07 December 2011


By Gordon Rayner Daily Telgraph 070611

Millionaire hotelier Peter Smedley named as man whose Dignitas assisted suicide was filmed by BBC

A few days after Peter Smedley’s death last December, his close friends found individually-written letters from him in their post, telling each one how much they had meant to him.

Image 1 of 4
Peter Smedley pictured with his wife

By Gordon Rayner, Chief Reporter
07 Jun 2011

Mr Smedley, a millionaire hotelier and scion of the Smedley’s tinned food empire, had been such an intensely private man that none of the recipients had known in advance that he had planned his own assisted suicide and travelled to the Dignitas clinic in Switzerland to end his life.

But the greater surprise was still to come, when Mr Smedley’s friends were joined at his memorial service by a BBC crew who had filmed the 71-year-old’s final moments for a controversial new documentary by Sir Terry Pratchett, the author and campaigner.

“We didn’t know until after the event that he had gone to Dignitas, and we didn’t know about the film until we went to the memorial service and the film crew was there,” one of his closest friends said last night.

Mr Smedley, who was suffering from motor neurone disease, is referred to only as “Peter” in the BBC2 film, Choosing to Die, which will be broadcast on Monday.
Until now, his full identity has remained a secret, but his friends have told The Daily Telegraph of his determination to help change the law on assisted suicide and paid tribute to his courage.

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“Peter was an extremely private man and not someone that would want to share most things,” said a close friend, who asked not to be named. “But clearly he wanted to change the law.

“I think he was very keen for people in that predicament to be able to make a decision on when to end their lives, and you can’t do that in England because your wife or spouse isn’t allowed to help, and it’s a terrible thing to have to go to Switzerland.

“He would have wanted to die in his own bedroom or his own sitting room.”
Unknown to all but his closest family, Mr Smedley invited Sir Terry to accompany him and his wife Christine, 60, to the Dignitas clinic in Switzerland, where he drank poison and died on Dec 10 last year.

His death will be the first assisted suicide to be screened on terrestrial television in the UK.

Sir Terry, who has campaigned for the legalisation of assisted suicide since he was diagnosed with early-onset Alzheimer’s disease, said in an interview this week that he was sure Mr Smedley would still be alive if he had been able to kill himself in his own home, rather than having to go to Switzerland while he was still fit enough to travel.

“I’m sure that’s true,” said his friend. “I’m sure both he and his wife would have preferred it if he could have made the decision to die here.”
Mr Smedley grew up on his family’s farms in East Anglia, where he would help pick the peas that Smedley’s were famous for before the brand eventually became part of Premier Foods.

As a young man he moved to South Africa, where he became a pilot and flew a single-engined aircraft across the continent, before moving back to England and establishing a property empire.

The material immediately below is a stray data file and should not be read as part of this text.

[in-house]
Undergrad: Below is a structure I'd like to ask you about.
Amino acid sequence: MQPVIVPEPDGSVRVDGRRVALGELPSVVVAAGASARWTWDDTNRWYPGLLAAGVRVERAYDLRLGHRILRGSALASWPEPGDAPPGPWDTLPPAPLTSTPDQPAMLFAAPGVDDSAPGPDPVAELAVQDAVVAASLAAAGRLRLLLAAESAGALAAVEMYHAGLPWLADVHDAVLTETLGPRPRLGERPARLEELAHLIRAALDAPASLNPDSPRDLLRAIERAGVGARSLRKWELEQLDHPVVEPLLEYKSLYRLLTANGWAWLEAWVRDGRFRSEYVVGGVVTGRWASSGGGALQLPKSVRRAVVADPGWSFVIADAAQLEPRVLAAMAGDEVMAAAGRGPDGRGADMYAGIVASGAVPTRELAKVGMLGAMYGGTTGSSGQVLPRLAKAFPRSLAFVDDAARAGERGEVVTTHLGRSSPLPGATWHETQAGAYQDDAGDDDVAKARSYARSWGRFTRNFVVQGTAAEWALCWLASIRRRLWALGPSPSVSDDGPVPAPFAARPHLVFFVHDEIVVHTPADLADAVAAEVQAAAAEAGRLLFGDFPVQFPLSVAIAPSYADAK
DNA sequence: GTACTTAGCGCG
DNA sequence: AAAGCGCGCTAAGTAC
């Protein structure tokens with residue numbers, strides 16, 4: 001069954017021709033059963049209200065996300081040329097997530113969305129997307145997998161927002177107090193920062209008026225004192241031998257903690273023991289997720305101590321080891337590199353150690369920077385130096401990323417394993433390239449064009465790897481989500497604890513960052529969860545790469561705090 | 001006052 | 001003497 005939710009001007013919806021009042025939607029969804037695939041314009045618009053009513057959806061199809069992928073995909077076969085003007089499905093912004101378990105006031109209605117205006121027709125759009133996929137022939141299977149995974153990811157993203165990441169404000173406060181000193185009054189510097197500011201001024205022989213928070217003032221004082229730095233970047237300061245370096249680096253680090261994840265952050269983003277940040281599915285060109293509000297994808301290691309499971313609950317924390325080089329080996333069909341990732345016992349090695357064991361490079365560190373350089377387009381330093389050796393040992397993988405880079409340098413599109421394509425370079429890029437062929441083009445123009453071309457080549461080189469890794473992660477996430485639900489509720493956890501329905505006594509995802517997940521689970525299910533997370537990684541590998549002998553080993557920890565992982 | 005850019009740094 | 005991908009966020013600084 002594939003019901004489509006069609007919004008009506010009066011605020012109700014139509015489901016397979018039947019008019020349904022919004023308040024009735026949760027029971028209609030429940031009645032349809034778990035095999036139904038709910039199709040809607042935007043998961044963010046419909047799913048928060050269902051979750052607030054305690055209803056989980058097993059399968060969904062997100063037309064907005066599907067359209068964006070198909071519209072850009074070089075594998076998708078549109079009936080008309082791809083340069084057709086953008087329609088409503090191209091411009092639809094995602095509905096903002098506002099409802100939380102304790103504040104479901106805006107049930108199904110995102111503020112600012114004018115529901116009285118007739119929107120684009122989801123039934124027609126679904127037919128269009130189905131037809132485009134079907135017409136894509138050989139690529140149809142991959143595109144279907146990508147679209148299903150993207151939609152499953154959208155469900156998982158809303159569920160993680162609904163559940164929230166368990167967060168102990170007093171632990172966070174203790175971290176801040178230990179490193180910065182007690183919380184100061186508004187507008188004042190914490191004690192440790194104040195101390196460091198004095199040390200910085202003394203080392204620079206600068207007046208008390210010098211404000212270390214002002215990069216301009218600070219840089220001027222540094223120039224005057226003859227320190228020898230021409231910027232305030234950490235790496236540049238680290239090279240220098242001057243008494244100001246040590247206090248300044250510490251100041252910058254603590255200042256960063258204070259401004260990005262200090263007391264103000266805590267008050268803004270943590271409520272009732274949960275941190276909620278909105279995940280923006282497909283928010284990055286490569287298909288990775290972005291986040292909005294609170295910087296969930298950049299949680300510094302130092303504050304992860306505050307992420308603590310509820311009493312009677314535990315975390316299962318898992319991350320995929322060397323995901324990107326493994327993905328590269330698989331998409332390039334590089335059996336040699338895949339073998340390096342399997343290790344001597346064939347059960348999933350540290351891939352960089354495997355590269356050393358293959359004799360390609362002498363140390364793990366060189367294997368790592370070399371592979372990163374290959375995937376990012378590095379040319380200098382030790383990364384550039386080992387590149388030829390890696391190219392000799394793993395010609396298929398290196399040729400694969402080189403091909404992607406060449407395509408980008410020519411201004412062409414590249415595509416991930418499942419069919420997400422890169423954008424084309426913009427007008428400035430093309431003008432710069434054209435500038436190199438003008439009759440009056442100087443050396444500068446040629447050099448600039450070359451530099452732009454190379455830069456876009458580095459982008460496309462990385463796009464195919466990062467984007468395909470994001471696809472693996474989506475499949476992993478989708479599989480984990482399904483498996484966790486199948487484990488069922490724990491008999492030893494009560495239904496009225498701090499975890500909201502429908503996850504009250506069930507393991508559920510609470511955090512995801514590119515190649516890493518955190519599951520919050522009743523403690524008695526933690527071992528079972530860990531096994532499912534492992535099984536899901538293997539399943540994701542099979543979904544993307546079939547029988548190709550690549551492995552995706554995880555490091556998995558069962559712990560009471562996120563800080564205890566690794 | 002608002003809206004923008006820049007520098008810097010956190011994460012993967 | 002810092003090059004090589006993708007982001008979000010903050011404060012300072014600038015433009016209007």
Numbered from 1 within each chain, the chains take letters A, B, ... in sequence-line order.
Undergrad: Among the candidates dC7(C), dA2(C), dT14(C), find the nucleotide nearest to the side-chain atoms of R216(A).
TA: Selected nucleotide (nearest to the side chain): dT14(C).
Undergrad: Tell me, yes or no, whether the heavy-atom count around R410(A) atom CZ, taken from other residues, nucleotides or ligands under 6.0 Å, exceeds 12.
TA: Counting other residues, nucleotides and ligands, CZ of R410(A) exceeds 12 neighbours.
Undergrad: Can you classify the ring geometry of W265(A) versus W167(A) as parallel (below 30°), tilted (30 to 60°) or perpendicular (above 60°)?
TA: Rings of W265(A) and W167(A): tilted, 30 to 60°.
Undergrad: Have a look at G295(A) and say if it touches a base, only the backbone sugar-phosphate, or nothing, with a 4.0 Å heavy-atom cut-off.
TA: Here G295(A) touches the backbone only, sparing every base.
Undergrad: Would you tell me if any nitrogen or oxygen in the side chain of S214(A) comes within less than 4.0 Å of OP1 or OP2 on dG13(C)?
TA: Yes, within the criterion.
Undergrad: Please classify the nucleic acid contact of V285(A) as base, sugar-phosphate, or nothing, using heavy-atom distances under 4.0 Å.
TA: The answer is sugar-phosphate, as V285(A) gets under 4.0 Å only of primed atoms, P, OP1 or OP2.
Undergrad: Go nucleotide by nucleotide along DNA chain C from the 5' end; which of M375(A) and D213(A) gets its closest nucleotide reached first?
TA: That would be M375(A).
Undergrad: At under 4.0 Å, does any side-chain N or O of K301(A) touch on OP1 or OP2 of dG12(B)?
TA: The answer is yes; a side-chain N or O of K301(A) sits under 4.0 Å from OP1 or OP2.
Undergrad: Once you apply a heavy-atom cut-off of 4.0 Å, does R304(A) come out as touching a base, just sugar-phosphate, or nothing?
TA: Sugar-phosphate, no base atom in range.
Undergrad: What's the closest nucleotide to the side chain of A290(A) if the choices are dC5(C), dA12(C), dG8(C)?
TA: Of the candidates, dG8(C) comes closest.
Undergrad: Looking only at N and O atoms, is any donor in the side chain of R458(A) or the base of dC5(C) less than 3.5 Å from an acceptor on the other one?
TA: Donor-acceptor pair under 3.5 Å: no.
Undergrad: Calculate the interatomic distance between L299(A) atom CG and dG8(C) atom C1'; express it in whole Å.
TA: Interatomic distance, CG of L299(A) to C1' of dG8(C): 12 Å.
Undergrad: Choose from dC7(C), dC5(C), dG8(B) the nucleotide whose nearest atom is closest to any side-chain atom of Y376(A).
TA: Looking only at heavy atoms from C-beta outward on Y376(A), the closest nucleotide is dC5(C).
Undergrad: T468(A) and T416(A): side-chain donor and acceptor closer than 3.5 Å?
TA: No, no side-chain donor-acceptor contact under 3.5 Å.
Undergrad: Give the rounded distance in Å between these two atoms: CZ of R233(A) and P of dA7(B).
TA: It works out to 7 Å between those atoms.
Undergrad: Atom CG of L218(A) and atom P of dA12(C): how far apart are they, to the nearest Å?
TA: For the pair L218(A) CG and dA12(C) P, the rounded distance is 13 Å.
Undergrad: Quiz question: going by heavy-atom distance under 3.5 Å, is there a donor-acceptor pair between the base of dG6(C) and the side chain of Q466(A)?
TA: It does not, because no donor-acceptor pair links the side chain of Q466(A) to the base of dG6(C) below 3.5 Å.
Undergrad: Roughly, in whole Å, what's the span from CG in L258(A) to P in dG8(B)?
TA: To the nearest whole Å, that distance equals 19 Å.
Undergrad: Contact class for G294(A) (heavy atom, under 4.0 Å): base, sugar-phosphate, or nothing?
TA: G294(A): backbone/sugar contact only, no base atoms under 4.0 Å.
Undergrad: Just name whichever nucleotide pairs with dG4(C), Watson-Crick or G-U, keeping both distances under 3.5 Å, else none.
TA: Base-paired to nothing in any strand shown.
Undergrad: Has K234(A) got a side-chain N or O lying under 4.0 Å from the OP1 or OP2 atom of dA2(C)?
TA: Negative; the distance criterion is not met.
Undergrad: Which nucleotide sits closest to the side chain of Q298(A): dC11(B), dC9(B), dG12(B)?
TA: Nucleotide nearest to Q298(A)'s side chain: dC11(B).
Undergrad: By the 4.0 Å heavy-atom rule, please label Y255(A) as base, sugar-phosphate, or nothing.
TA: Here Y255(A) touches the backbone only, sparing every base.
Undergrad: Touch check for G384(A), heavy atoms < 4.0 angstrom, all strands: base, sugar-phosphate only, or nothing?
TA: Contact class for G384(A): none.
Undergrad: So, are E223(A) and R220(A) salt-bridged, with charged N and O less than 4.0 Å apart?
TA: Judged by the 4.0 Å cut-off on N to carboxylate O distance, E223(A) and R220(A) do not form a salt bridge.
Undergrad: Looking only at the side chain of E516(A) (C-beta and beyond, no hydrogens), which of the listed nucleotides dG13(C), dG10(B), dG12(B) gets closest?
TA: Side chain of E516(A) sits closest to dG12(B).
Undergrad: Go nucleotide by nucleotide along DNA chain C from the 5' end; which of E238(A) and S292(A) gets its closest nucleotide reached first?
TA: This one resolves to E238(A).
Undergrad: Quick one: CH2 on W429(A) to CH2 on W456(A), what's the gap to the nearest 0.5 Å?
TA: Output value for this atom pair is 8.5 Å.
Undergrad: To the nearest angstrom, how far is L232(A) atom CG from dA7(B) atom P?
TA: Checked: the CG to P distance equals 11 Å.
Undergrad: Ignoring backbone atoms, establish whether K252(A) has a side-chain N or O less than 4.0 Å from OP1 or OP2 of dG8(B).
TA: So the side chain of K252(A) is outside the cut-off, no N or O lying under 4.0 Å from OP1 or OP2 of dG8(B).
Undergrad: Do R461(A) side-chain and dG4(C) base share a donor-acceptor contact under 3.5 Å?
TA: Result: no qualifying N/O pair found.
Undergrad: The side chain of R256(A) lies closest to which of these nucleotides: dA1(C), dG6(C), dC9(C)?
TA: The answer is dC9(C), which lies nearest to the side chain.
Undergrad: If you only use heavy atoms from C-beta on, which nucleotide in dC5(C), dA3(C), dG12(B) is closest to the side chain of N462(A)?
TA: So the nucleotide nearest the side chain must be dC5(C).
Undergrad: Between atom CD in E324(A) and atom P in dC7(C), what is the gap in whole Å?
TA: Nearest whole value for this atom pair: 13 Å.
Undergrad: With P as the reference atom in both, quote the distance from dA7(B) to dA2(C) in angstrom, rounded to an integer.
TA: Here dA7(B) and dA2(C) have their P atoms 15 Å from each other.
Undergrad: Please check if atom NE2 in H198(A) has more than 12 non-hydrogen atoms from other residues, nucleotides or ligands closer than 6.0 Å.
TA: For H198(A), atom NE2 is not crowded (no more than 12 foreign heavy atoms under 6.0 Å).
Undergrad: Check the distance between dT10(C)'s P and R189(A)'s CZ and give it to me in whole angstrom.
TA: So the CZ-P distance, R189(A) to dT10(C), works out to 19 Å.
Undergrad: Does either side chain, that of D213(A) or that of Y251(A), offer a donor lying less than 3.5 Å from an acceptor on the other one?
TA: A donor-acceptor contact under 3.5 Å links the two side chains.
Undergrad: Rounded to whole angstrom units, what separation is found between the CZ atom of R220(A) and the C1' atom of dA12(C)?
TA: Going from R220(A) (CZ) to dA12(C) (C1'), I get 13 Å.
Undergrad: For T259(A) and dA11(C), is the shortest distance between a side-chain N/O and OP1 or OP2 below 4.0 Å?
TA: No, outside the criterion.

After marrying Christine in 1977, with whom he later had a daughter, now aged 20, the couple bought Ston Easton Park in Somerset from William Rees-Mogg, the former editor of the Times, and converted it into a luxury hotel.

Within a year of it opening in 1982 it was named Hotel of the Year by the food critic Egon Ronay, and they later established it as a major venue for horse trials.
The couple retired to Guernsey in 2000, where Mr Smedley was diagnosed with motor neurone disease two years ago.

“A lot of his friends didn’t know he had been diagnosed with it to begin with,” said his friend. “He didn’t want people to feel sorry for him.

“He did a lot of research into motor neurone disease and knew there was no cure and that it leads to a horrible death and a ghastly future to face. He would have ended up suffocating and that’s obviously what he wanted to avoid.”

In an interview in this week’s Radio Times, Sir Terry said of Mr and Mrs Smedley: “They are of a class and type that gets on with things and deals with difficulties with a quiet determination.”

Moments before Mr Smedley died, said Sir Terry: “I shook hands with Peter and he said to me ‘Have a good life’, and he added ‘I know I have’.”

When a Dignitas worker asked him if he was ready to drink the poison that would end his life, Mr Smedley said “Yes” and added: “I’d like to thank you all.”

Sir Terry said that as he was doing this, Mr Smedley became embarrassed because he could not remember the name of the sound man.

“And that’s what puts your mind in a spin,” he added. “Here is a courteous man thanking the people who have come with him to be there and he’s now embarrassed, at the point of death, because he can’t remember the soundman’s name.

“This is so English…it also seemed to me with his wife that there was a certain feeling of keeping up appearances.”

After Mr Smedley died, said Sir Terry: “I was spinning not because anything bad had happened but something was saying, ‘A man is dead... that’s a bad thing,’ but somehow the second part of the clause chimes in with, ‘but he had an incurable disease that was dragging him down, so he’s decided of his own free will to leave before he was dragged.’ So it’s not a bad thing.”

Days later, Mr Smedley’s friends received their letters.

“He wrote about how much we meant to him, and it was a very gentlemanly, very sweet and dignified thing to do, typical of him really,” said his friend.

“I think it was amazingly brave of Peter and Christine to do what they did.”